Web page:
Reviewing our annual index (on pages 108–109 of the current issue) puts 2015 in perspective. We published 79 short stories that represented all subgenres of mystery fiction and ranged in tone from humorous to ironic to tragic. Our authors came from the four corners of the earth with stories just as far-ranging in their settings. Which is not surprising: Crime is part of the human condition, and crime fiction captures the universal struggle of human beings under extraordinary conditions.
Many of the stories in our December issue also take a retrospective turn. Long submerged memories surface for a retiree in Theresa E. Lehr’s cover story “Lake People.” Turn-of-the-century bounty hunter Placido Geist discovers the last surviving participant in a botched bank robbery ten years on in “The Sleep of Death” by David Edgerley Gates. Suspicious coincidences put a teen in the CIA’s scope for fifty years in “Larry’s Story” by David Braly. And Marianne Wilski Strong sets her tale “Warsaw” in the heady days before the fall of the Soviet Union. More contemporary issues surface in Catherine Dilts’s “Industrial Gray” and Neil Schofield’s “The Purslow Particle,” both of which touch upon work-a-day maladies.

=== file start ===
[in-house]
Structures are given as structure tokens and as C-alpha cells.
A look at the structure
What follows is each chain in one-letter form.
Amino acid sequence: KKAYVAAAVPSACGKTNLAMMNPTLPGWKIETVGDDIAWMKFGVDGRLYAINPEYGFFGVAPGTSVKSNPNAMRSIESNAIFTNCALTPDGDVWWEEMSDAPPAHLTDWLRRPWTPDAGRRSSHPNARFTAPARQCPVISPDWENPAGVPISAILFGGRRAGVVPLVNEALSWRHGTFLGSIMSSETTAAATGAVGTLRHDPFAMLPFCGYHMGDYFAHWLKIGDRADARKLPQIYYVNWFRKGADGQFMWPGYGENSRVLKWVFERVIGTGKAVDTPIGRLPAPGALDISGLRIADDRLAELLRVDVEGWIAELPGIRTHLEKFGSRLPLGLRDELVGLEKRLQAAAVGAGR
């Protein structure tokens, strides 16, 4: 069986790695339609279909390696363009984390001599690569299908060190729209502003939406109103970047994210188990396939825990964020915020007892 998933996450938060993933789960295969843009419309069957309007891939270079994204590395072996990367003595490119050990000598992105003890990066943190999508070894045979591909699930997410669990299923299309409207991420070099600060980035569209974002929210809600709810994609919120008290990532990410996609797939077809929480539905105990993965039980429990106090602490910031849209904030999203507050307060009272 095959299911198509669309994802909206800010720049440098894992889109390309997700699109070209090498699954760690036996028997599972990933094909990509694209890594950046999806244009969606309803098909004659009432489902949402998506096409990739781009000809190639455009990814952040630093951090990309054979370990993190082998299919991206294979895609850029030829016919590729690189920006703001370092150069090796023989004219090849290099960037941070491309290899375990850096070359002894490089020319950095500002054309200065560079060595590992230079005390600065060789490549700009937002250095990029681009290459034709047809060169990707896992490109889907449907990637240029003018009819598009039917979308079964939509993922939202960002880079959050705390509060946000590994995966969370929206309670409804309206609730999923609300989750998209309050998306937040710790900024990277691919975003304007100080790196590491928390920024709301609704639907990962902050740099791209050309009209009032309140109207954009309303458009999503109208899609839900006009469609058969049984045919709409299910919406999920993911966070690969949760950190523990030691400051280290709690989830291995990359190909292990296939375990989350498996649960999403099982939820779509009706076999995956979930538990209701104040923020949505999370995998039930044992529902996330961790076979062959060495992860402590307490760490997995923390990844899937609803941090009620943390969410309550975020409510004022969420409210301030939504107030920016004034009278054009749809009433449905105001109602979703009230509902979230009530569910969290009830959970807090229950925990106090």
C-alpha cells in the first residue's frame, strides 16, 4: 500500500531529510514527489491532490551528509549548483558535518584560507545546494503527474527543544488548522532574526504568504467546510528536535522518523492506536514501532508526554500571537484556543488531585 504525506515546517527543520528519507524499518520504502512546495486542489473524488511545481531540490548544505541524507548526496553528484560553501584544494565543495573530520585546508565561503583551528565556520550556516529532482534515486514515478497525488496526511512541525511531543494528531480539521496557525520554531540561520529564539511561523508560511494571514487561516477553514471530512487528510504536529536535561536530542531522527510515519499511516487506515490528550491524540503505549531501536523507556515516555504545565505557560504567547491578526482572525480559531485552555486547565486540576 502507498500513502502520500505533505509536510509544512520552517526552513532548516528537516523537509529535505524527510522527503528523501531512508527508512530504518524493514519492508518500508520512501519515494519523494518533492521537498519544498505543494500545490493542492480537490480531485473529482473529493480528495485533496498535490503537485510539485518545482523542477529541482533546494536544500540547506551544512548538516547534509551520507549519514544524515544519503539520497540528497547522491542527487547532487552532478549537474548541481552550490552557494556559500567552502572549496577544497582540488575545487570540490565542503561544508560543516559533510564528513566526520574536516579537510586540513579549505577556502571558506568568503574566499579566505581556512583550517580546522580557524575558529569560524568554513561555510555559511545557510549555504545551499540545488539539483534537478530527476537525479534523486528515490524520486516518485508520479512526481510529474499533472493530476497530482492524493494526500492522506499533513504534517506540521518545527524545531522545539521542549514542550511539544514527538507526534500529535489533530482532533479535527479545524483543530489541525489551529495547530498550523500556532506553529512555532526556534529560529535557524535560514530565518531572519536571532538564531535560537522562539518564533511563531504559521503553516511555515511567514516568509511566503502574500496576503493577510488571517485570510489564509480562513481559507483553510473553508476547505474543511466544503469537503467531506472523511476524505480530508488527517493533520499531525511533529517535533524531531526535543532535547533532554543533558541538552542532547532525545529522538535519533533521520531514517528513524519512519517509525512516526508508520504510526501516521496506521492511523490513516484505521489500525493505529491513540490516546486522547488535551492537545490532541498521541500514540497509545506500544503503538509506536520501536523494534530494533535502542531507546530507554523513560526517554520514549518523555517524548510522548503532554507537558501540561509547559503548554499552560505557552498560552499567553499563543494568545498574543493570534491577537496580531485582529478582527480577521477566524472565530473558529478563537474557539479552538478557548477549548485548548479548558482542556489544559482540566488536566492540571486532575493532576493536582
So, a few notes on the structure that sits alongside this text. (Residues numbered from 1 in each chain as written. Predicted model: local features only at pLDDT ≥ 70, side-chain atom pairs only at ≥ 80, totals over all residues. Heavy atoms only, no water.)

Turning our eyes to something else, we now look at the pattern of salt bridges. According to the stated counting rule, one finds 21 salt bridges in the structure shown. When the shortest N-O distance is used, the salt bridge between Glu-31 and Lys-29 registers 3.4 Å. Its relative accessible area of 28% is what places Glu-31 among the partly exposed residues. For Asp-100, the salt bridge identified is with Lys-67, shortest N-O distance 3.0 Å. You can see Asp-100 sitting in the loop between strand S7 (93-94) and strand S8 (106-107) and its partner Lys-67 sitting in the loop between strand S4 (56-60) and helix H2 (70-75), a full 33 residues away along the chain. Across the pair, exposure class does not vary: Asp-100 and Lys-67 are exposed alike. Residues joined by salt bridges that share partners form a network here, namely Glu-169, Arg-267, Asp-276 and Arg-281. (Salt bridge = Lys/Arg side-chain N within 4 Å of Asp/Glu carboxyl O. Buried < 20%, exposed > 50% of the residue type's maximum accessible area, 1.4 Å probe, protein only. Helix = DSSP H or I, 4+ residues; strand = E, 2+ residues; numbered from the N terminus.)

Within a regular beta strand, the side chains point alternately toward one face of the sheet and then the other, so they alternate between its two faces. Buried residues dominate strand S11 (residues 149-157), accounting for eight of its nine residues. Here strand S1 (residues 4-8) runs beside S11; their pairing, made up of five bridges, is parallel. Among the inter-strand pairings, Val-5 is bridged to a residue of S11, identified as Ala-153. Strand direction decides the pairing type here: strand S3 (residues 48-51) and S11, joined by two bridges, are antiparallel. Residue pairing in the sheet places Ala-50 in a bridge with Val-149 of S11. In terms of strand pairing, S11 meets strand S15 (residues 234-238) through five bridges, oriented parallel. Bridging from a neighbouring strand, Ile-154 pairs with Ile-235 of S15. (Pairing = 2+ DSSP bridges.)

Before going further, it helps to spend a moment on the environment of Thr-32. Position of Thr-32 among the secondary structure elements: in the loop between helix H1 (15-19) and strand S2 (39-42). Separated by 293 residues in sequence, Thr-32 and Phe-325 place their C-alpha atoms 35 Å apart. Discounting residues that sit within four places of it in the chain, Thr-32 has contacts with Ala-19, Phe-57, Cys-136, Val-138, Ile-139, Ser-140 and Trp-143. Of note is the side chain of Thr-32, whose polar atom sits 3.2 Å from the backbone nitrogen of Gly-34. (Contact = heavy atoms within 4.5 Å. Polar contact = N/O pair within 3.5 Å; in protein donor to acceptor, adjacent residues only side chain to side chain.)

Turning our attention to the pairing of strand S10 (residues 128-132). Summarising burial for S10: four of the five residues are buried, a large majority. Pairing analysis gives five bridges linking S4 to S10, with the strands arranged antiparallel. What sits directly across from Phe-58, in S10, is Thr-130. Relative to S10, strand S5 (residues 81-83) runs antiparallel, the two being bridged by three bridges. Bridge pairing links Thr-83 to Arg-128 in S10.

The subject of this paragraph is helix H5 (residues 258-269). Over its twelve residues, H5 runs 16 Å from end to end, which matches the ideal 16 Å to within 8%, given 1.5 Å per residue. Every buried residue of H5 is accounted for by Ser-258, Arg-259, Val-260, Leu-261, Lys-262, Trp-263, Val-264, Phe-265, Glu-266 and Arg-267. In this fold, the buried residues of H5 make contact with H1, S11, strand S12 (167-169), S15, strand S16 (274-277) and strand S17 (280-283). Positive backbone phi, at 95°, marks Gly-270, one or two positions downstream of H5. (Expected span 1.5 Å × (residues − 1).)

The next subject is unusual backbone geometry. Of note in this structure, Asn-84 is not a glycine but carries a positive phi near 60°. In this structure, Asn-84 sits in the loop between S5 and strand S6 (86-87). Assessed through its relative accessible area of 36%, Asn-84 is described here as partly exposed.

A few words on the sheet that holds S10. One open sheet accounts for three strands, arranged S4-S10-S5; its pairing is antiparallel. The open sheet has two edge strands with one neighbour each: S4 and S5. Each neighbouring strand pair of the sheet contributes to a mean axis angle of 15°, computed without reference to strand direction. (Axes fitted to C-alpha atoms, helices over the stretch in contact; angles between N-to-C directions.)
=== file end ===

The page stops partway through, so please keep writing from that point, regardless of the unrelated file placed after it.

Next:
In this issue we offer up great stories now, just as we’ve been doing since AHMM first came on the scene in 1956—and there’s plenty more great fiction to come in the future!
One response to “Past, Present, Future Crime: December 2015 issue”
Bravo to John C. Boland for choosing and to you for reprinting Gahan Wilson’s classic horror story “The Sea Was Wet As Wet Could Be.” It was great to run into it again, and be chilled as badly as the first time.